Tuesday, November 11, 2008

Veteran's Day Dedication

Veteran's Day is always an important day. Recognizing the service of those in the military is a worthy endeavor, regardless of one's political ideals, regardless of one's support for any particular armed conflict, or the very concept of armed conflict, itself.

I, as you probably know, never served, nor did my brother, my father, or any of my direct family members after my two grandfathers. My paternal grandfather served as a Motor Machinist's Mate on an LST (tank landing ship--that's NOT his ship) in the Pacific during World War II. He played the harmonica, and I remember, as a boy, looking with awe upon his wooden harmonica case, into which he had carved the names of all the places he and his harpoon had traveled. I imagined him, during more peaceful moments, lying upon the deck of his ship, playing popular tunes as the South Pacific sun set on the horizon of the breeze-kissed ocean. I also remember jars of cowrie shells that he kept in mayonnaise jars in the attic. There was a certain romance to his service, in my mind, most likely birthed and developed by far too many John Wayne films. Sure, there were enemy planes intent on sinking my grandfather's ship, and cannons poised to cause destruction and death to him and his shipmates, but, to me, it was always in black and white (or, better yet, technicolor), and it was always a great adventure.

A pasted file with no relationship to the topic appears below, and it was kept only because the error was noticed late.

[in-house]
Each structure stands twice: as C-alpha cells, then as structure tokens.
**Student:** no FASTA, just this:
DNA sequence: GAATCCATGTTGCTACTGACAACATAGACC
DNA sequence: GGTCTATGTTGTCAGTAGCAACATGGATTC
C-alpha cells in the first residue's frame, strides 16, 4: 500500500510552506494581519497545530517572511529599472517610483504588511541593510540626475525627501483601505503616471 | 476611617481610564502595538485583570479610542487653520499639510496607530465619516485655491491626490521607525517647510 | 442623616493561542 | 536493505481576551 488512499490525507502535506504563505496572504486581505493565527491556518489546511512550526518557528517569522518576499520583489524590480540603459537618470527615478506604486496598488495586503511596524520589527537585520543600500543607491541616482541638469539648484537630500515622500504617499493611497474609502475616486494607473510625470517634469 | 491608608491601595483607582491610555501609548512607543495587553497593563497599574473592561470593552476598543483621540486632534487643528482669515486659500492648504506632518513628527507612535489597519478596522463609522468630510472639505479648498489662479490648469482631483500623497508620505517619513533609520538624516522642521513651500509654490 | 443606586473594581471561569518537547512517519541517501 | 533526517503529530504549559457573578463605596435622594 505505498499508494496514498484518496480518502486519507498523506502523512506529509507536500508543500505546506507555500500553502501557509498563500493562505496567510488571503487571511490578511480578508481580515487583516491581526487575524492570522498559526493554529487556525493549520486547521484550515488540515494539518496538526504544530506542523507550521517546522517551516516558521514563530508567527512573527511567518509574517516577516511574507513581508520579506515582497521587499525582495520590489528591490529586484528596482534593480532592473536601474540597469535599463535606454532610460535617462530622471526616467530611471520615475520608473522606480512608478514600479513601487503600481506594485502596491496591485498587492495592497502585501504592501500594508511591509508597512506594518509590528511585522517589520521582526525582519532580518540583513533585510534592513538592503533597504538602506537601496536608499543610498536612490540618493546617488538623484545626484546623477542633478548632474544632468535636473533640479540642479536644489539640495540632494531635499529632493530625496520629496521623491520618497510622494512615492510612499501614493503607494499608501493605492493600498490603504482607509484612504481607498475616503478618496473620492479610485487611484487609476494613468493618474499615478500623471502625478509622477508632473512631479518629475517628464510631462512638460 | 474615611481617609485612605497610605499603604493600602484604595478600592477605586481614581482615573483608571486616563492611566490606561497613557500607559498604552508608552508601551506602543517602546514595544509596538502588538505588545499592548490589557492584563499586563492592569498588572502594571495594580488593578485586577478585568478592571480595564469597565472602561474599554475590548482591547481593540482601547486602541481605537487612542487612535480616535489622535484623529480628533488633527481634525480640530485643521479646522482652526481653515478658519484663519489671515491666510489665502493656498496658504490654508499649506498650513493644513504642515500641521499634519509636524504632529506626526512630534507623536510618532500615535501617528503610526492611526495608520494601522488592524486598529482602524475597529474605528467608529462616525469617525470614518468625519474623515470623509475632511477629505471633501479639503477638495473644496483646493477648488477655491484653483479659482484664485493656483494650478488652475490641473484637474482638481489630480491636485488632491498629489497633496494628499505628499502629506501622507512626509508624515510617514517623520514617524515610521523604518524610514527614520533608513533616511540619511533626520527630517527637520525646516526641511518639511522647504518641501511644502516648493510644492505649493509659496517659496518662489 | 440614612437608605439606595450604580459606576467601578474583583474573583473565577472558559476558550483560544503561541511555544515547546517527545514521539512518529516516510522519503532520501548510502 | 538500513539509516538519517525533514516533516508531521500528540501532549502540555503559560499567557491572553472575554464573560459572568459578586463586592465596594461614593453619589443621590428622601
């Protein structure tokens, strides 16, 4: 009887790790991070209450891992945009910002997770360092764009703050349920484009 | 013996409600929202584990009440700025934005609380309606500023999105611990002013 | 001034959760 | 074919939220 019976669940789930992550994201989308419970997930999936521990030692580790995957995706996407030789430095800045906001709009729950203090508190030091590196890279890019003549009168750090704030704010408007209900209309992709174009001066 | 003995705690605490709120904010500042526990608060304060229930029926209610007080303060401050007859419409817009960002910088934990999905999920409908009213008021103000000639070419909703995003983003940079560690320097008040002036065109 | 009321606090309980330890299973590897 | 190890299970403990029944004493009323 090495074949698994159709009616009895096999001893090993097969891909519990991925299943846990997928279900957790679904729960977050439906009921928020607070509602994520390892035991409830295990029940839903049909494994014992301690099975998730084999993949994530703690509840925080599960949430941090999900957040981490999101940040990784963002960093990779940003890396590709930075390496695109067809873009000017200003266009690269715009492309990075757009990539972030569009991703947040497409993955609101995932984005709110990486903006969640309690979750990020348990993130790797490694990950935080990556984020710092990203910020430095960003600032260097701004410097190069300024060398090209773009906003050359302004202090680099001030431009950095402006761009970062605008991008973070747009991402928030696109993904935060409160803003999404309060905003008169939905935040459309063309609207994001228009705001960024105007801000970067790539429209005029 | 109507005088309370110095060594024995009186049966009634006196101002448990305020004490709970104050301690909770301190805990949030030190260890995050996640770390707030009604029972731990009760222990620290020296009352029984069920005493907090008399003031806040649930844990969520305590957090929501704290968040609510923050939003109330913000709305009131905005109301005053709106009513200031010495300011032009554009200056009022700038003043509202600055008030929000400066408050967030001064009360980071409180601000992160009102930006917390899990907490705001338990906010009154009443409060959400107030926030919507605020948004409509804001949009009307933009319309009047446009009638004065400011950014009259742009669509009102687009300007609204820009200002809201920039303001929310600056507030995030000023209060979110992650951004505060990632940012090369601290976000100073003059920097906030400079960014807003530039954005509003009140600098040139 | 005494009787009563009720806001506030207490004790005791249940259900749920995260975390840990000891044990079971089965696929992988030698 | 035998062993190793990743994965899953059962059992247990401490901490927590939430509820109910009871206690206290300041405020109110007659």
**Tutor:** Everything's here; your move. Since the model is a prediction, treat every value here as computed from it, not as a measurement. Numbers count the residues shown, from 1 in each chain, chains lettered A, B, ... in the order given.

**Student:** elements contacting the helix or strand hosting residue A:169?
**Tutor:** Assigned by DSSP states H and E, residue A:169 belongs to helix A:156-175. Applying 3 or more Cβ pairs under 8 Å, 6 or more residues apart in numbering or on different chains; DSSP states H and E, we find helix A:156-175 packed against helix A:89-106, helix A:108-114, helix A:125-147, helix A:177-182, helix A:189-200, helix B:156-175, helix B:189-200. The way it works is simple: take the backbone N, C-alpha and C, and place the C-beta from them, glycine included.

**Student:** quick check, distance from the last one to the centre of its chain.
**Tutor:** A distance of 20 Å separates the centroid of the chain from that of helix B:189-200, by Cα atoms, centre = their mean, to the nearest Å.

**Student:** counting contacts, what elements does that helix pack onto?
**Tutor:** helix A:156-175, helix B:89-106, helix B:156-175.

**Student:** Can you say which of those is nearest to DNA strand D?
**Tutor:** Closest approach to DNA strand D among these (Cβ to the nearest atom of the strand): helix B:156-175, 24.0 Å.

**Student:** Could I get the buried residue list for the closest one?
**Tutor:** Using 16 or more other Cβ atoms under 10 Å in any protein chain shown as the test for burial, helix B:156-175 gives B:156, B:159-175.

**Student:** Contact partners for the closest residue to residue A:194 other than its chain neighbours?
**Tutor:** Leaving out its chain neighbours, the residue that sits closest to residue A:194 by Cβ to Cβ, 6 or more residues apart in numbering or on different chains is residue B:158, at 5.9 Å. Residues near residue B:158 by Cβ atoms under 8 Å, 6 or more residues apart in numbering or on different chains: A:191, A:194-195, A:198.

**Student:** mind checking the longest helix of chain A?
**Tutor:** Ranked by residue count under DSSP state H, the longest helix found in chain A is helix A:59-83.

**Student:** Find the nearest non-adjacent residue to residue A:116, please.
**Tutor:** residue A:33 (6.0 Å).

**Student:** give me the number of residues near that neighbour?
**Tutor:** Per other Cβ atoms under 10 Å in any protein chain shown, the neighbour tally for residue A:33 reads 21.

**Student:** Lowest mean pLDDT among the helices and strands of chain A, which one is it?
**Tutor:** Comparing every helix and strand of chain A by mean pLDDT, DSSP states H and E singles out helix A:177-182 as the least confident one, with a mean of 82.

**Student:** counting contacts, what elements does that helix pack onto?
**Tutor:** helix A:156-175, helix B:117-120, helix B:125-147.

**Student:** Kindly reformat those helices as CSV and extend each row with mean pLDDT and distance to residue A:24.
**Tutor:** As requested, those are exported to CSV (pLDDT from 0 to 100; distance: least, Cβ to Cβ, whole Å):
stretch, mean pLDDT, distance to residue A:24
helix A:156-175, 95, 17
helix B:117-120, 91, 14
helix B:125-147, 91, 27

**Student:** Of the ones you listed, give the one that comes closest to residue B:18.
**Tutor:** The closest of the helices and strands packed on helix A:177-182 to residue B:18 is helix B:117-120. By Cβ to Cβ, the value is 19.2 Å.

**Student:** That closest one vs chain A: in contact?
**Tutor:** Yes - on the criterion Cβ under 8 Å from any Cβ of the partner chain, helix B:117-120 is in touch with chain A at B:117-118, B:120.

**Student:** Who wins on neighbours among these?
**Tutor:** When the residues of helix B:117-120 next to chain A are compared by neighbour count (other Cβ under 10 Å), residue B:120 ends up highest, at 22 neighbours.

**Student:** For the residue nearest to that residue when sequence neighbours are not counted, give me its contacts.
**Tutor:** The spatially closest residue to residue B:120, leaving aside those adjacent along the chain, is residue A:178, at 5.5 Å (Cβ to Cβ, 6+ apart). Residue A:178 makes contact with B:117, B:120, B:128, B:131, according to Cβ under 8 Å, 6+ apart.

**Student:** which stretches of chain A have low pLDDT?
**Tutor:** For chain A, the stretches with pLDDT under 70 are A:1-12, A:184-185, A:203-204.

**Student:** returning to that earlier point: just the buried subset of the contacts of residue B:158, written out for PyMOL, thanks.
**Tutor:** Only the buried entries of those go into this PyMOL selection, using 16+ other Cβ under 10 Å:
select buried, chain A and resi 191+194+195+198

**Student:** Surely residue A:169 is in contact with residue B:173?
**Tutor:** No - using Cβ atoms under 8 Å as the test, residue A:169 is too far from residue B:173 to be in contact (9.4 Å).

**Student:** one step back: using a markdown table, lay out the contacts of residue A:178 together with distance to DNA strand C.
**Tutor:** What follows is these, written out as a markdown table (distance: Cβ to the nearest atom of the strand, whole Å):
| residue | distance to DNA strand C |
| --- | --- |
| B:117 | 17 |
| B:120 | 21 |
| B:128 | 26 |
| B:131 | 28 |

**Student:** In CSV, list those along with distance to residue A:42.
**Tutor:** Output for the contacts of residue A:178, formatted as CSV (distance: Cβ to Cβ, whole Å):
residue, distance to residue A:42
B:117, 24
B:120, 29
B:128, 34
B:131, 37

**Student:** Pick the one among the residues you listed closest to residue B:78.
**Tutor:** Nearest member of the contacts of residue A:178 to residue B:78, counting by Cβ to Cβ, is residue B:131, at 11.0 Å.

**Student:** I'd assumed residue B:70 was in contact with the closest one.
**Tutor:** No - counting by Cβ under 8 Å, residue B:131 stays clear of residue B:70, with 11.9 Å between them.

I don't think he ever thought of it that way. I know he was drafted, and that he was less than gung-ho about it. He served in the Navy, because, according to him, when the sergeant asked him which branch he wanted to serve in, my grandfather told him, "I don't care, you're the one who called me."

He never talked about it much, and he may still refuse to discuss it (I haven't tried to talk with him about it, lately), except for one time on an Atlantic Ocean beach, when my brother and I were building, instead of sand castles, our own version of Iwo Jima, including Mount Suribachi, the Japanese stronghold on which the US flag was eventually (and famously) raised. Our grandfather made a few comments about our placement of geographic features, and told us that he never saw anybody raise any flag (he's kind of cantankerous, like that--I come by it honestly, you see).

My maternal grandfather served as a Technician Fifth Grade (Corporal) in the Army during the same war. He served as a medic in Europe, but I don't know where. I never saw him much after he and my grandmother moved to Richmond, and we never talked about his service, although he seemed interested enough in that period of his life to keep a small library of books on the war that I was honored enough to inherit upon his death several years ago.

I still, after years of reading and study, after coming to an adult understanding of the awesome and awful effects that war has on the soldier (and the countryside in which it is waged), can't completely extinguish that ember of Romanticism that I had in childhood for the Second World War. But, of course, that Romanticism is the core of a greater understanding that recognizes that it was something that not only ended lives, but changed them forever. I know that both of those men, taciturn as they may be and have been, harbored images and feelings that they cared not, and perhaps dared not share.